Olivia’s mum and dad were first aware that things weren’t going smoothly when Olivia was six weeks old, and not gaining as much weight as expected with a newborn baby.
The first two years of Olivia’s life were spent searching for a diagnosis, including a vast array of tests. Olivia has never been formally diagnosed with a specific condition, though her parents were told that that she may never walk or talk.
Olivia’s mum Angela said that one of the hardest things to deal with initially was not knowing where to turn to ask for help. Most of the help Olivia’s family have received is because her parents have gone out and found the answers by navigating the health and education system to find out what help is available.
Angela said it has taken her and her husband a long time but they are at the point where they are comfortable without a diagnosis and have named it ‘the Livvy Syndrome’. “Livvy is a unique happy wee thing with an engaging character and we choose to live for today, we don’t know what will happen in two years’ time but we have her today and we don’t put anything off if we can help it,” says Angela.
Olivia’s parents have chosen to have a positive point of view. While Olivia may not be meeting the milestones of an able child, each and every one of her own milestones are celebrated, for example when she started walking at four years old. They also look at not having a diagnosis as meaning that Olivia is not put in a box and her possibilities are endless.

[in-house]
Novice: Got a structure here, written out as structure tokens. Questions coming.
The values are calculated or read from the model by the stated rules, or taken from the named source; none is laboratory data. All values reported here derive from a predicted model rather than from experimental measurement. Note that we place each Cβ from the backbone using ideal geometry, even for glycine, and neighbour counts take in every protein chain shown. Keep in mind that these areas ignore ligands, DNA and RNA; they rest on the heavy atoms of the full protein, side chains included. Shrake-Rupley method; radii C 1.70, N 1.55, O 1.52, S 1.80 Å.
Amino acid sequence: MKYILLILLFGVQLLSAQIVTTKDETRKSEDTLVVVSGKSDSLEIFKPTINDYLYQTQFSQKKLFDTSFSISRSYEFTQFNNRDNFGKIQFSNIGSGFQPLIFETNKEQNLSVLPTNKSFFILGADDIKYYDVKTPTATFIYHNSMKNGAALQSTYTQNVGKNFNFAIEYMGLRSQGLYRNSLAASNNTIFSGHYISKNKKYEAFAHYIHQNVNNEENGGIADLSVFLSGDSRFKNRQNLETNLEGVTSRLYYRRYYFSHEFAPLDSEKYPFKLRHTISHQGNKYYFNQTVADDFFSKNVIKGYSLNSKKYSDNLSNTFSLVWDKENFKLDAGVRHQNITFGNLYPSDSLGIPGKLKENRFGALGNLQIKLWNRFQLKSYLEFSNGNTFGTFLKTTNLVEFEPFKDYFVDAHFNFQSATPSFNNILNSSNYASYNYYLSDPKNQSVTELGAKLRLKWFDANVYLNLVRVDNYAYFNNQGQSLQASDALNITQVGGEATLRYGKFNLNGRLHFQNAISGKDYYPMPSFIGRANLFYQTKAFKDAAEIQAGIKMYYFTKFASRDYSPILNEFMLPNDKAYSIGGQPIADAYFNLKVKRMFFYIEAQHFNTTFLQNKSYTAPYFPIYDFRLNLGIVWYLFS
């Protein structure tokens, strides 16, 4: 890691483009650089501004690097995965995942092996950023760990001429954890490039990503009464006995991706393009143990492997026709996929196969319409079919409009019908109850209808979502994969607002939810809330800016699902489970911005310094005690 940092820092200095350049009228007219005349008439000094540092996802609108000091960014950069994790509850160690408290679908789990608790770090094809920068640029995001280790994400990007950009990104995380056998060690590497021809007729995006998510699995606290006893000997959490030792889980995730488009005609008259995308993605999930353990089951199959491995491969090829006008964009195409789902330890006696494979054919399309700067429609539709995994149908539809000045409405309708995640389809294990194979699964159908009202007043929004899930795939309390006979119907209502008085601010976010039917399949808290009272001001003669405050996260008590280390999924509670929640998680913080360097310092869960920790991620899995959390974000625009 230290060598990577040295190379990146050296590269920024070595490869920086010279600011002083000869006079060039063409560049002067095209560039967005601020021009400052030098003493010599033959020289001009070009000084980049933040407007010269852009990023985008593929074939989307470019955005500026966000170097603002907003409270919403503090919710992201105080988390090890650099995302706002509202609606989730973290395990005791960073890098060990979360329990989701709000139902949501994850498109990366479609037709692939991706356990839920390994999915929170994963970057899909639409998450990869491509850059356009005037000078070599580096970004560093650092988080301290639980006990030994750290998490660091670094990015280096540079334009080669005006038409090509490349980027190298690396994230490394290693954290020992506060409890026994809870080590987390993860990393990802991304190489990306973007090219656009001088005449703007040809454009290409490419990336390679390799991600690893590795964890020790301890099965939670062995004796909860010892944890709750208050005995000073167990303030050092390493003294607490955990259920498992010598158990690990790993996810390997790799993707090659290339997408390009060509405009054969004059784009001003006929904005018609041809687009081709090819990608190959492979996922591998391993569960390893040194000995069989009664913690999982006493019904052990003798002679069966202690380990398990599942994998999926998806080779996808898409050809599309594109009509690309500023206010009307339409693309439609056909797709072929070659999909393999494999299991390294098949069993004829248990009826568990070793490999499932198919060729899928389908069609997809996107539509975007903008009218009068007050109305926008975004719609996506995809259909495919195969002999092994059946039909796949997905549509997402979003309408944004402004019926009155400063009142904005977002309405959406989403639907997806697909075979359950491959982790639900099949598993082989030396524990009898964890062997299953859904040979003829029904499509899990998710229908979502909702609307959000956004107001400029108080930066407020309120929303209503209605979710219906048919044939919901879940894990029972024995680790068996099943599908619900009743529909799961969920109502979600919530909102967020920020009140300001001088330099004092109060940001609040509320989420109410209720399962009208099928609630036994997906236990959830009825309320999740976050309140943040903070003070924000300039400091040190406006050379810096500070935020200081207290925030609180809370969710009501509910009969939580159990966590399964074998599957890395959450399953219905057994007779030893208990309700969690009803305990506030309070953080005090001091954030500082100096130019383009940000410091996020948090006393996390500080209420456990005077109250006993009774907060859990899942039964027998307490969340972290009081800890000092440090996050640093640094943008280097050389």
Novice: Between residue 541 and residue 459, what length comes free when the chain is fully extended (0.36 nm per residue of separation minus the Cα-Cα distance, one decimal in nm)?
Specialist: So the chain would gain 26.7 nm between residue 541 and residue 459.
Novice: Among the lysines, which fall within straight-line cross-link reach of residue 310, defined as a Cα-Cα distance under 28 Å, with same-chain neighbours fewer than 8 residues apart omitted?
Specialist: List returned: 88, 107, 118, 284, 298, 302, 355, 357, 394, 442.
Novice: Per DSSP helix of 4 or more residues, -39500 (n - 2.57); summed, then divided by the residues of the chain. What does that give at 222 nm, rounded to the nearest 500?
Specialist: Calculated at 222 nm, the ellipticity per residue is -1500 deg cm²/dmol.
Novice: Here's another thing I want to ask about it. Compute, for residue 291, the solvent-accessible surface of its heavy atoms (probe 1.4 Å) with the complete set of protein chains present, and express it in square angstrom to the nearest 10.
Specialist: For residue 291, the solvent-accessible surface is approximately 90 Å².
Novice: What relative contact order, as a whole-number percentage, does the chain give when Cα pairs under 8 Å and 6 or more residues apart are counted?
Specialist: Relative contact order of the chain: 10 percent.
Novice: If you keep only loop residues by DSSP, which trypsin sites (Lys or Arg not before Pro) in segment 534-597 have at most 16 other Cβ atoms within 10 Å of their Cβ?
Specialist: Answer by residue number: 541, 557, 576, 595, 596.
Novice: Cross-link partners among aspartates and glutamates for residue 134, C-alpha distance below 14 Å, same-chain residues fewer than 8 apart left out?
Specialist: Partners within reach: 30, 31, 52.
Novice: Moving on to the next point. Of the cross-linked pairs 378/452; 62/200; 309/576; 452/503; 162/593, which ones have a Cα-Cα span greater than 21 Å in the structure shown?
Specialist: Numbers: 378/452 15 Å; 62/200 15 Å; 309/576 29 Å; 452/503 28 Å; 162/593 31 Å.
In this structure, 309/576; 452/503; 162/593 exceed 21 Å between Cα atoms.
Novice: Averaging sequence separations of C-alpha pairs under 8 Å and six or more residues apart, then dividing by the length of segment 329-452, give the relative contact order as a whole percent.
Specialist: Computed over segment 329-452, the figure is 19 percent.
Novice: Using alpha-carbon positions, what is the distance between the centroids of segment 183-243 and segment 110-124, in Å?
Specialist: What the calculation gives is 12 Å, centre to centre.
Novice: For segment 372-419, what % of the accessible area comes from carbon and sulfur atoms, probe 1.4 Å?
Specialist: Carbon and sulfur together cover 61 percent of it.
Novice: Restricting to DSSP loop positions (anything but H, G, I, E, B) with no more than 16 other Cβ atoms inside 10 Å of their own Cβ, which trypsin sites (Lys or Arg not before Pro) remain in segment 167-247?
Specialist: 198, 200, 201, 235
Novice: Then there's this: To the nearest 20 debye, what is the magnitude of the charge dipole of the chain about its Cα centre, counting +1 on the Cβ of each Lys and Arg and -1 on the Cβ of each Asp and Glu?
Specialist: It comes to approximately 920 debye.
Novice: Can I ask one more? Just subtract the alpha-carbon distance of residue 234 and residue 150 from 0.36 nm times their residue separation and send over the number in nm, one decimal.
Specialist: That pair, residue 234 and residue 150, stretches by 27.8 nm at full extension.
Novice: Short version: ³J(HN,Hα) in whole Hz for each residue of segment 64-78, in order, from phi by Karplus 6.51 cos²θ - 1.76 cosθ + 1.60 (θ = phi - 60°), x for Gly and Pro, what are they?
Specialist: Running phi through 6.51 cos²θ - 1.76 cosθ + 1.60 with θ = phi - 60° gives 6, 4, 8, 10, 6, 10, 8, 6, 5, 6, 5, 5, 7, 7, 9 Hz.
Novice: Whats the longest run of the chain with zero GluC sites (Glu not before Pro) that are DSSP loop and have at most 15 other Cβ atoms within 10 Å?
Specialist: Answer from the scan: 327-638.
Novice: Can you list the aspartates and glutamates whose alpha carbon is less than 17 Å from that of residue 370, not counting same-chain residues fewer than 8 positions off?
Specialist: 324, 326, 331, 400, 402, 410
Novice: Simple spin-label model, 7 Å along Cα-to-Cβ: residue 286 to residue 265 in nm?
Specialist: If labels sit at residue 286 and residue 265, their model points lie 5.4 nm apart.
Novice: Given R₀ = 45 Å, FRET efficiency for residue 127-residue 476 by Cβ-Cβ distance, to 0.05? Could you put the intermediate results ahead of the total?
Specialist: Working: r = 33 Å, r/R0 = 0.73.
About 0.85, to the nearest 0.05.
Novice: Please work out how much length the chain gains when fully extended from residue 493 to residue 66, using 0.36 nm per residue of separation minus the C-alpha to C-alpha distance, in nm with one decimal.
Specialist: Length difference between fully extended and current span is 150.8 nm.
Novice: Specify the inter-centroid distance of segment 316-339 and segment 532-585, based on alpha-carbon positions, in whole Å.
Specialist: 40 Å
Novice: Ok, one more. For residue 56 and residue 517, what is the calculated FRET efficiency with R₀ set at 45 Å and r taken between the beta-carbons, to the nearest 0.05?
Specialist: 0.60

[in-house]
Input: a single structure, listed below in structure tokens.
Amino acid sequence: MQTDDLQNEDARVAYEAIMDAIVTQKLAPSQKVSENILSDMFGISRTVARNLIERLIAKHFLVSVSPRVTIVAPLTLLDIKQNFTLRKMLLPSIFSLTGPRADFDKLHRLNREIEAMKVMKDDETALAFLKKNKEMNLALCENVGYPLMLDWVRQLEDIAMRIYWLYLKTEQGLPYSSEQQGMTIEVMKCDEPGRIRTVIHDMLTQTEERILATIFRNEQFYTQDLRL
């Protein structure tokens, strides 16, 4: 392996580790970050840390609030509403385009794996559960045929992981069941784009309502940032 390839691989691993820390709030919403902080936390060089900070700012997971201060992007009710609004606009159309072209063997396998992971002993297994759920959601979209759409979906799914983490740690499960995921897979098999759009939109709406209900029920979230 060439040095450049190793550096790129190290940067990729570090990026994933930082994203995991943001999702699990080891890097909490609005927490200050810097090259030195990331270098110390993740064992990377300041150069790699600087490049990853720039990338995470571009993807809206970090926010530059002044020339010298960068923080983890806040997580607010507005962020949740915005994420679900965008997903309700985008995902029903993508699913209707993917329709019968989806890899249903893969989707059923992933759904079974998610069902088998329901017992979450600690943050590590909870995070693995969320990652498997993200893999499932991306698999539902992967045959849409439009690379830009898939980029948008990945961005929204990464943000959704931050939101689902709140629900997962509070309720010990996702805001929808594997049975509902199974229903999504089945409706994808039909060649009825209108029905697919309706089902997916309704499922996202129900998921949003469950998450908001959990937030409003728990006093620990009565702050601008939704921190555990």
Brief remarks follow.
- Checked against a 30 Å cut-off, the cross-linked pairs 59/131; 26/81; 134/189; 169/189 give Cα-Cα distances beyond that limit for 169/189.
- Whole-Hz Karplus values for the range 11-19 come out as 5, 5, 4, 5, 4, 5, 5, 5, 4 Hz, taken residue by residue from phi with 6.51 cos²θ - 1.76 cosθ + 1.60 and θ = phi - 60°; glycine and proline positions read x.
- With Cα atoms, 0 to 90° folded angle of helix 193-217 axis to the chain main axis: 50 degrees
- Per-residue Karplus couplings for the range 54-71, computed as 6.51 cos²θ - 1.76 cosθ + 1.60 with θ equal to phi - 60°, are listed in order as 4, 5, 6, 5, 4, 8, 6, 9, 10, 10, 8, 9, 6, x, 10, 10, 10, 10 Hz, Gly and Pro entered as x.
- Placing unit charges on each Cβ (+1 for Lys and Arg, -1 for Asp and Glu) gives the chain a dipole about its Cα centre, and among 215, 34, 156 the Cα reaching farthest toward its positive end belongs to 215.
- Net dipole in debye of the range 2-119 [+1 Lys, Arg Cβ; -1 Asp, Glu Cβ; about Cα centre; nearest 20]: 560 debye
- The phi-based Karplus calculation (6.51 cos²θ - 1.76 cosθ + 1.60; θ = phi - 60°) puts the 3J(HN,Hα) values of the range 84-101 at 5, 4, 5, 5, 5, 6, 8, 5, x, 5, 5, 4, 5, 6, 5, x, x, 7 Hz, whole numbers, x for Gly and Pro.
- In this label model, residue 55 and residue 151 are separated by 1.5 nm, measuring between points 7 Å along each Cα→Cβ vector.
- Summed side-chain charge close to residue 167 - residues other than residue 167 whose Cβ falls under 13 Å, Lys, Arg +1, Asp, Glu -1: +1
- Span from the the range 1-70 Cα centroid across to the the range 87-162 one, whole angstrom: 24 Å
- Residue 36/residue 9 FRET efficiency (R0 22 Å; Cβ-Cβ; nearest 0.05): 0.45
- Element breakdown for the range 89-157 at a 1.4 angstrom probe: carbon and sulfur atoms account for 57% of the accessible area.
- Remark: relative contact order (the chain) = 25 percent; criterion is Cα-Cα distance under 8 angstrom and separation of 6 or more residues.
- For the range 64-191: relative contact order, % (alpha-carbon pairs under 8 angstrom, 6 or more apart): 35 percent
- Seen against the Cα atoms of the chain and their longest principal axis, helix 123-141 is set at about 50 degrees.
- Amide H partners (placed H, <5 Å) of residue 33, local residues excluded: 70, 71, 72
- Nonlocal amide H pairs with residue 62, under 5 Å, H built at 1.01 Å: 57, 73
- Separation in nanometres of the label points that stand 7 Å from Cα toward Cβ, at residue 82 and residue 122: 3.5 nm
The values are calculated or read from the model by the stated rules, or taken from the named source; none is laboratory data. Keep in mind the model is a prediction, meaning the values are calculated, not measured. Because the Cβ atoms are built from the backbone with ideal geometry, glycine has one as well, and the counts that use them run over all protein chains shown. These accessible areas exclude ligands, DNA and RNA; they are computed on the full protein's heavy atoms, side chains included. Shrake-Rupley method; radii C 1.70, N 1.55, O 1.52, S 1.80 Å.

Four years ago, more blood samples were taken from Olivia and sent to Germany and the States for testing, however, no diagnosis was made. The medical team at Starship Hospital in Auckland have decided to hold off on further testing until more tests become available.
Olivia has a big brother Bailey who is 11 years old. According to his mum, Bailey is brilliant with Olivia and has so much patience.
Olivia attends Sommerville School and is in a class of eight that caters to the needs of the children. Up until this year she has been very restless and hard to get her to focus, with assistance from medication Olivia can now focus on activities.
Her speech has progressed from sounds about three years ago, to now being able to have three or four word sentences in conversations. Her words are getting clearer every day and with a little help most people are able to understand.
This year’s focus for Olivia’s development has been increasing leisure activities. Olivia started Special Olympics athletics and especially enjoys the social interactions. She’s not so keen on the running but is definitely improving. Olivia also started gym class and in combination with the other activities she was already doing Olivia is getting fitter and more active.